Millennials & Gen Z’s 20 LEAST Favorite Clothing Brands

We asked 1000 13-34-year-olds to tell us what their least favorite clothing brand is, and why…

It’s telling that when we ranked Millennials & Gen Z’s 20 favorite clothing brands last week, we still had to talk about the complete havoc that young consumers have been wreaking over the retail landscape. Wet Seal, The Limited, and American Apparel are just three recent examples of formerly shining youth brands forced to close down retail locations. These days brands are going to extremes—from major makeovers to business model reboots to experiencification—to attract them to stores. In short: the opinions of Millennials and Gen Z can make or break brands, and they’re doing everything they can to stay in their good graces.

We’ve been keeping track of their favorites for some time to keep tabs on the brands that are staying positive in their eyes. But this year, we also asked them to tell us what clothing brands they don’t like right now, and why. In a recent Ypulse monthly survey, we asked 1000 13-34-year-olds to answer the question, “What is your least favorite brand of clothing? Think of the name on the label.”* We’ve ranked their top 20 responses into an unliked list:

*These were open-end response questions to allow us to capture the full range of clothing brands that 13-34-year-olds consider their least favorites. As with any qualitative question, the responses include those that are top of mind and those that are least favored. The lists are ordered according to number of responses received, and alphabetically when ties occurred. 

What Are Their Least Favorite Clothing Brands?

13-34-year-olds

  1. Abercrombie & Fitch

  2. Forever21 (#6 on favorite list)

  3. Walmart

  4. Aeropostale (#14 on favorite list)

  5. Hollister

  6. Old Navy (#2 on favorite list)

  7. GAP (#7 on favorite…

 
 

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The Newsfeed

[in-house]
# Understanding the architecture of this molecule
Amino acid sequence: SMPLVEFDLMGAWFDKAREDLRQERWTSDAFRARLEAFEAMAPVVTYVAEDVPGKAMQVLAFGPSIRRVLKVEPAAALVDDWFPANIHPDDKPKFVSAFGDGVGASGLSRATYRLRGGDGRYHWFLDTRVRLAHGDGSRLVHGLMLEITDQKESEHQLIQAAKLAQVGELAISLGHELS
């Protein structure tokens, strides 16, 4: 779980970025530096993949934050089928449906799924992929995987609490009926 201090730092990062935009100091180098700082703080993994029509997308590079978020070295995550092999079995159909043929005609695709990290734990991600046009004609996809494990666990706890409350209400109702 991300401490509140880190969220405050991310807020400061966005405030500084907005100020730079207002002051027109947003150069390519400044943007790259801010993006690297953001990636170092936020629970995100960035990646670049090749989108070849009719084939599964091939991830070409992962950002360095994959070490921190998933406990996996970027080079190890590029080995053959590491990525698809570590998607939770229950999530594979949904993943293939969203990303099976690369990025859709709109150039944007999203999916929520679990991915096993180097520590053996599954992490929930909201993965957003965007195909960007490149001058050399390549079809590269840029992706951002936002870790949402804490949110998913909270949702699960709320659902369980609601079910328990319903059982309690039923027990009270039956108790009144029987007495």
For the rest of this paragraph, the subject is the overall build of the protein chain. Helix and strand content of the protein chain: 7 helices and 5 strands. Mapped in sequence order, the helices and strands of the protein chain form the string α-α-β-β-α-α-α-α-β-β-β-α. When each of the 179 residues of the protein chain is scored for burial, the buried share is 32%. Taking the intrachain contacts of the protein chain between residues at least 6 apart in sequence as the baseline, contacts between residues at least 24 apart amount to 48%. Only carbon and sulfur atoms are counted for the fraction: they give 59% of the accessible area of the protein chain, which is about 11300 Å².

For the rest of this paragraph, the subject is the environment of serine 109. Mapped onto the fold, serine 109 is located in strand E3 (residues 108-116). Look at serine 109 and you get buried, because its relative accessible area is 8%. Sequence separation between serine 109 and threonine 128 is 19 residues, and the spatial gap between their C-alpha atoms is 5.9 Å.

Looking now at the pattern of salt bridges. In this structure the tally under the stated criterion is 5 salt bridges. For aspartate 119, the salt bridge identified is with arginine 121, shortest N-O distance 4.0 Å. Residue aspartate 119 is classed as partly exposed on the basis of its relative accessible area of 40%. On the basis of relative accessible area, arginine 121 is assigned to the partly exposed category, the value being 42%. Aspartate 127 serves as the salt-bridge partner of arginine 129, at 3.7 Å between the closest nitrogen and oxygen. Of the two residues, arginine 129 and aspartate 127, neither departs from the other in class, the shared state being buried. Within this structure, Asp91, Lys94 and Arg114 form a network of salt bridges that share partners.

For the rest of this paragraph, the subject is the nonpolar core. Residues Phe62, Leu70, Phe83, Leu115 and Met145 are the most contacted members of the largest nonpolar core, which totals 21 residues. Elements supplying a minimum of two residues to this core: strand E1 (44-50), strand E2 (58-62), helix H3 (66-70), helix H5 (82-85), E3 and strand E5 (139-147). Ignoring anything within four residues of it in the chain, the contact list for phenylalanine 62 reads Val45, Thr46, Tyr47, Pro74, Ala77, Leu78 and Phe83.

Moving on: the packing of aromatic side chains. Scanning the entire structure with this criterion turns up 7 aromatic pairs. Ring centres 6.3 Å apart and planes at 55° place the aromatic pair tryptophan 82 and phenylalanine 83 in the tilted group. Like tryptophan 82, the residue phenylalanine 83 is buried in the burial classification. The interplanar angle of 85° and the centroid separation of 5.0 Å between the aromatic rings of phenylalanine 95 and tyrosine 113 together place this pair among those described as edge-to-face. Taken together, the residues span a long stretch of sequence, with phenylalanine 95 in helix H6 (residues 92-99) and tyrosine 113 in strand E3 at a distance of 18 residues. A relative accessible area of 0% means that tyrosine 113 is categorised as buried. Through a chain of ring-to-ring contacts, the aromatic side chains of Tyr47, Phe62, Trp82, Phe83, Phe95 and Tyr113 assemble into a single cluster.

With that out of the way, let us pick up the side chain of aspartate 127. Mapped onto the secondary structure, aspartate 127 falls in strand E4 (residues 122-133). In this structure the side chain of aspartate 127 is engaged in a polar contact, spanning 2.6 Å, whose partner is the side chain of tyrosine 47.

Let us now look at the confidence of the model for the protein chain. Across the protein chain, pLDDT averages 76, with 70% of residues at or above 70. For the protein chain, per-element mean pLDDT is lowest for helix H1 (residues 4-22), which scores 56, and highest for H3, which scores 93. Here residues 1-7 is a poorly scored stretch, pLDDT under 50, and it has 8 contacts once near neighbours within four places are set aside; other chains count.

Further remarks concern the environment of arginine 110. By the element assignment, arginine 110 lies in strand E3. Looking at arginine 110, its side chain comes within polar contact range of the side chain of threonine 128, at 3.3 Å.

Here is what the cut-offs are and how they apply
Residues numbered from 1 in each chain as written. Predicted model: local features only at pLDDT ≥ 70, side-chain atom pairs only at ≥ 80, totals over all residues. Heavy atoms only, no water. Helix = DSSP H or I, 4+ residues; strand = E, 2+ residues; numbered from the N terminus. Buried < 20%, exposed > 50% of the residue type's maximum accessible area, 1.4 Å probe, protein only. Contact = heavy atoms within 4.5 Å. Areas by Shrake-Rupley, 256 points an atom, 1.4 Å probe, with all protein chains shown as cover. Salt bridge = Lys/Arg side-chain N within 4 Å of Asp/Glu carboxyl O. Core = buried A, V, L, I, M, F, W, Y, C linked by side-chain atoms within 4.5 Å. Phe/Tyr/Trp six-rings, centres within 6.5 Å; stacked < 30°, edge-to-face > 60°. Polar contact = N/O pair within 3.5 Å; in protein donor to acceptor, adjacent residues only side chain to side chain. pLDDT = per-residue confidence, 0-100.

“As a graphic designer, without the arts being available to me in school I would have been lost as a child and where to take my career path. The fact that schools are cutting art programs is heartbreaking.”—Female, 24, NJ

Applebee’s is putting down the sriracha and giving up on trying to appeal to Millennials. The brand has decided their newer menu items—like a “triple pork bonanza” sandwich—and attempt at a “modern bar and grill” reinvention has “alienate[d]” Boomers and Gen Xers. They’re shutting down more than 130 restaurants and bringing back initiatives from before their attempted “pendulum swing towards millennials,” all-you-can-eat specials and 2-for-$20 deals. Other brands are creating new spin off chains to appeal to fast-casual lovingMillennials, that “[lack] the associated baggage of the old.” (Inc, NPR)

Adults-only ball pits, bouncy houses, and giant slides are sweeping the U.K. Millennials seeking a break from adulthood are flocking to places like Wacky World’s “massive bouncy-castle obstacle course,” which started out as a children’s event. The founder received so many requests that now every event has an 18-and-over slot, and has expanded to 19 cities. This “trend for arrested development activities” is caused by nostalgia, but the influx of marketing and branding leveraging the emotion could be popularizing these playgrounds for adults. (The Guardian)

Facebook is responding to the trend of asking for birthday charitable donations by integrating it right into the platform. Users in the U.S. can now trade in all the “HBD”s they get on Facebook for donations to the cause of their choice: well-wishers will be notified of the birthday along with the selected non-profit, and get the chance to donate. Facebook will ask users which charity they wish to dedicate their day to two weeks in advance, allowing them to choose from 750,000 organizations. (TNW)

Appear Here is the Airbnb of pop-up shops, giving brands their perfect temporary store for the new era of retail. The company finds short term retail space, and has worked with big-name brands like Nike and Net-a-Porter to open “experimental activations” or “test new products.” As brick-and-mortar continues to suffer and long-term stores close, Appear Here says physical retail is still needed, but to “tell a story.” The pop-up industry was valued at $50 billion in 2015, and provides a more low-risk, flexible option to avoid the retail wasteland. (Glossy)

Millennials & Gen Z are turning a profit online and on mobile by re-selling their retail. Thredup, Poshmark, and Depop are just a few of the most popular brands cashing in on the resale economy’s $18 billion market, and some shoppers say they are making $300 a week on the platforms. Some are also using social to sell, often in conjunction with apps or sites, including Snapchat, Facebook Groups, and Instagram. College students on a budget are reportedly especially drawn to resale, thanks to convenience, value, and access to luxury at a lower price. (FN)

“Adult means being entirely independent. I pay my own bills, make all decisions in my life, and feel very in control.”—Male, 20, NY

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